Aneurysm: A bulge or “ballooning” in the wall of an artery.
Angiography: A procedure to see blood flow in a vessel using X-rays.
Aortic Insufficiency/Aortic Regurgitation: A condition that occurs when the aortic valve does not close properly. This leakage allows blood to flow back into the heart when it is pumping blood to the body.
Aortic Stenosis: A thickening of the aortic valve. This thickening prevents the valve from working properly.
Aortic Valve: Allows blood to flow from the heart’s left ventricle into the aorta. It normally has 3 cusps.
Arrhythmia: An irregular beating of the heart. The heart can beat too fast, too slow, or in an irregular pattern.
Atherosclerosis: A buildup of plaque in the artery walls. This restricts blood flow to the rest of the body.
Bicuspid Aortic Valve: An abnormal aortic valve with 2 cusps instead of 3.
Blood Pressure: The pressure measured as blood is pumped through the blood vessels. Normal blood pressure is around 120 systolic (peak pressure in the arteries) over 80 diastolic (lowest pressure in the arteries).
Cardiac Catheterization: A procedure in which a catheter, a thin flexible tube, is passed into the right or left side of the heart. This procedure can be used to diagnose cardiovascular conditions, or can be used to provide treatment for heart conditions such as to remove a blockage during a heart attack.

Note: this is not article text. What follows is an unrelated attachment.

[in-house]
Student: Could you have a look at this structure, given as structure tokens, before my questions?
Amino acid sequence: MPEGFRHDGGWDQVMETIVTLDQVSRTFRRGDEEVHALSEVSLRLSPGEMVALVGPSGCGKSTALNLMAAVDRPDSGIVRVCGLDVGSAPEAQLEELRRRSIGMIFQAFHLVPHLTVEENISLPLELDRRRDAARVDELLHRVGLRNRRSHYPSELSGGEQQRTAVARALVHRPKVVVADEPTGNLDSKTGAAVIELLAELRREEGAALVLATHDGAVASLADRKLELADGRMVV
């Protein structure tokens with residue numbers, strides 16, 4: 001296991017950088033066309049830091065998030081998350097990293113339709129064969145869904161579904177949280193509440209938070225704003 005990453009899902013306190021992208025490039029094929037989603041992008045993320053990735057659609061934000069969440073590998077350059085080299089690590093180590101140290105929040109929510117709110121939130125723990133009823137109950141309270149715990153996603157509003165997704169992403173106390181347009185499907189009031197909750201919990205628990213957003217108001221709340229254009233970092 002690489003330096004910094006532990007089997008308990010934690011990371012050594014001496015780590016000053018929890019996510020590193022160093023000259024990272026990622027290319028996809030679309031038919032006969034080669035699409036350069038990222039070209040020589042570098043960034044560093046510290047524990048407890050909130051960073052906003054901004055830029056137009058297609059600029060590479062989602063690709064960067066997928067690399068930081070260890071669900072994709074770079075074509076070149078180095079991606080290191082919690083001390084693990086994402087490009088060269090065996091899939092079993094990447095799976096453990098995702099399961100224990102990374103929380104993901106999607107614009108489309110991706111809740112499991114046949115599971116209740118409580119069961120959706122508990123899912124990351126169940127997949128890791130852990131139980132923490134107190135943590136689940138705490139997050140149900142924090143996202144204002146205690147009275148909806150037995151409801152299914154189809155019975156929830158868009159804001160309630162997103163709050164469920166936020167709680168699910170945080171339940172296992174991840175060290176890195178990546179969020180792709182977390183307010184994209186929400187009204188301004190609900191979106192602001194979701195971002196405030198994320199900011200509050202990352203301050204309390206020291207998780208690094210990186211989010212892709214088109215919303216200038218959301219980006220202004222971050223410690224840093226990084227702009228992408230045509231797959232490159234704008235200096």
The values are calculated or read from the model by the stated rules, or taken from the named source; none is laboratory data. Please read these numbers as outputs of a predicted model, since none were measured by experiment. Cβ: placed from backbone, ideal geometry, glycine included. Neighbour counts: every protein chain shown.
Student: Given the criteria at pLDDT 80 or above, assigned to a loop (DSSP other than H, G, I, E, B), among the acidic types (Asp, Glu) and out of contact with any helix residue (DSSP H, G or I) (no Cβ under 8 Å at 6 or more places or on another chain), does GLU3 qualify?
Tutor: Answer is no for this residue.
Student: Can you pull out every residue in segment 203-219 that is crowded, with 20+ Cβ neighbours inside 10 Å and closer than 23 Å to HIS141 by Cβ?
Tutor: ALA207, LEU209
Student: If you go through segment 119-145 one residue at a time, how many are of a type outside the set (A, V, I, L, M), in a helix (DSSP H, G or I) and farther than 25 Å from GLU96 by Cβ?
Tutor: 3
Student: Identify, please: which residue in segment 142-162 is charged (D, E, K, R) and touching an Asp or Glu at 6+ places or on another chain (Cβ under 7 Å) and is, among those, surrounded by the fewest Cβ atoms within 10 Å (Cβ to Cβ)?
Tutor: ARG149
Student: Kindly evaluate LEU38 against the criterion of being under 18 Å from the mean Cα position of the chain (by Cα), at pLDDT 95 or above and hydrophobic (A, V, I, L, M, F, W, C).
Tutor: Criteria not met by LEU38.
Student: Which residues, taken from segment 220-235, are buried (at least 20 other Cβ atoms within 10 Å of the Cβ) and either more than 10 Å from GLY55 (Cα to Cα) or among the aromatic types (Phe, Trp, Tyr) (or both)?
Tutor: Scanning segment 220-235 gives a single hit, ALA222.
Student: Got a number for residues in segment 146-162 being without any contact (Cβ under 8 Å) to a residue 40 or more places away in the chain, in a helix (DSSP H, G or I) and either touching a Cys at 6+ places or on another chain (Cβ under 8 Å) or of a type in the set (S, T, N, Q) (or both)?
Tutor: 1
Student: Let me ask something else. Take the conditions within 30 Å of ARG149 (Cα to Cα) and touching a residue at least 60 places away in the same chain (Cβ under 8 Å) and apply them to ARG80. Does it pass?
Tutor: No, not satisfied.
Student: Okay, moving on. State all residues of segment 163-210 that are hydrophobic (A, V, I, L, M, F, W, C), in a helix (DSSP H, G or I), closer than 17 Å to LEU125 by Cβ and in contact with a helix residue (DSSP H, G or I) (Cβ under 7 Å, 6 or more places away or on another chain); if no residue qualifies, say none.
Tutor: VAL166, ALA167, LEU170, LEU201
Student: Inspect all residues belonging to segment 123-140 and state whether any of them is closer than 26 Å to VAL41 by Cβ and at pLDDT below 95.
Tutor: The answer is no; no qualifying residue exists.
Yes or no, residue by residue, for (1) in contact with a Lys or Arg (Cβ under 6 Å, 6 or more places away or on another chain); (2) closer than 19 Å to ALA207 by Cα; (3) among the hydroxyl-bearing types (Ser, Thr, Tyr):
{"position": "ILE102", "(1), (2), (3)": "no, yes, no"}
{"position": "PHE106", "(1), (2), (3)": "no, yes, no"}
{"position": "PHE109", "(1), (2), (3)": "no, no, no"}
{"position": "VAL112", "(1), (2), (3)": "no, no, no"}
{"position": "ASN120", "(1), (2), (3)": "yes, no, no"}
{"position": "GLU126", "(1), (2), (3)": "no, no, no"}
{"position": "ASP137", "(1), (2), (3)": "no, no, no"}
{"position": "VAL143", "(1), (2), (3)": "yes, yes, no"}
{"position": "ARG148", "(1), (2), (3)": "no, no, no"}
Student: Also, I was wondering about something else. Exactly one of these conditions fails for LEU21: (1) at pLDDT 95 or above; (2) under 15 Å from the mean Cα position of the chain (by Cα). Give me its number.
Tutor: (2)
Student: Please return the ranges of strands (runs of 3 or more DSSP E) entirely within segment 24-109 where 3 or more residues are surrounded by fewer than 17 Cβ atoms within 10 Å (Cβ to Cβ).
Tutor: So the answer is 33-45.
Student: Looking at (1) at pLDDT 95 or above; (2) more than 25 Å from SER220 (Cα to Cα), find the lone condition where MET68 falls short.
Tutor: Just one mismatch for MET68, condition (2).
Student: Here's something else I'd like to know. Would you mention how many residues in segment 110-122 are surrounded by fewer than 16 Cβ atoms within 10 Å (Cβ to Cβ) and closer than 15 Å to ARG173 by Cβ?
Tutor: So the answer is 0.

Cardiac Tamponade: Accumulation of fluid around the heart. This stops the heart from properly pumping blood to the rest of the body.
Cardioplegic Solution: A solution used during surgery to paralyze the heart. This protects the heart from cell death during surgery.
Cardiopulmonary Bypass: A procedure in which a machine takes over the function of the heart and lungs. It is used during surgery to maintain blood circulation and oxygenation to the body while surgeons operate on the heart and aorta.
Cerebral Perfusion: Blood flow to the brain.
Chronic Obstructive Pulmonary Disease (COPD): A chronic lung disease that makes it hard to breath. Less air than usual is able to flow in and out of the lungs.
Chronic Renal Insufficiency/Chronic Kidney Disease:
Comorbidity: The presence of one or more additional diseases at the time of your dissection.
Connective Tissue Disorders: A group of disorders that affect the parts of the body that connect the structures of the body together. Several of these disorders are associated with an increased frequency of aortic dissections.
Creatine Kinase (CK): An enzyme found in the heart, brain, and skeletal muscles. High amounts of Creatine Kinase in the blood mean that the heart, brain, or muscles suffered damage.
Computed Tomography (CT) scan: A test that combines a series of x-rays to provide a detailed image of the body. When a dye is injected into the arteries, physicians have a detailed picture of the blood vessels.
Dacron: A manmade material used to replace some body tissues. It is well tolerated by the body and causes very few reactions.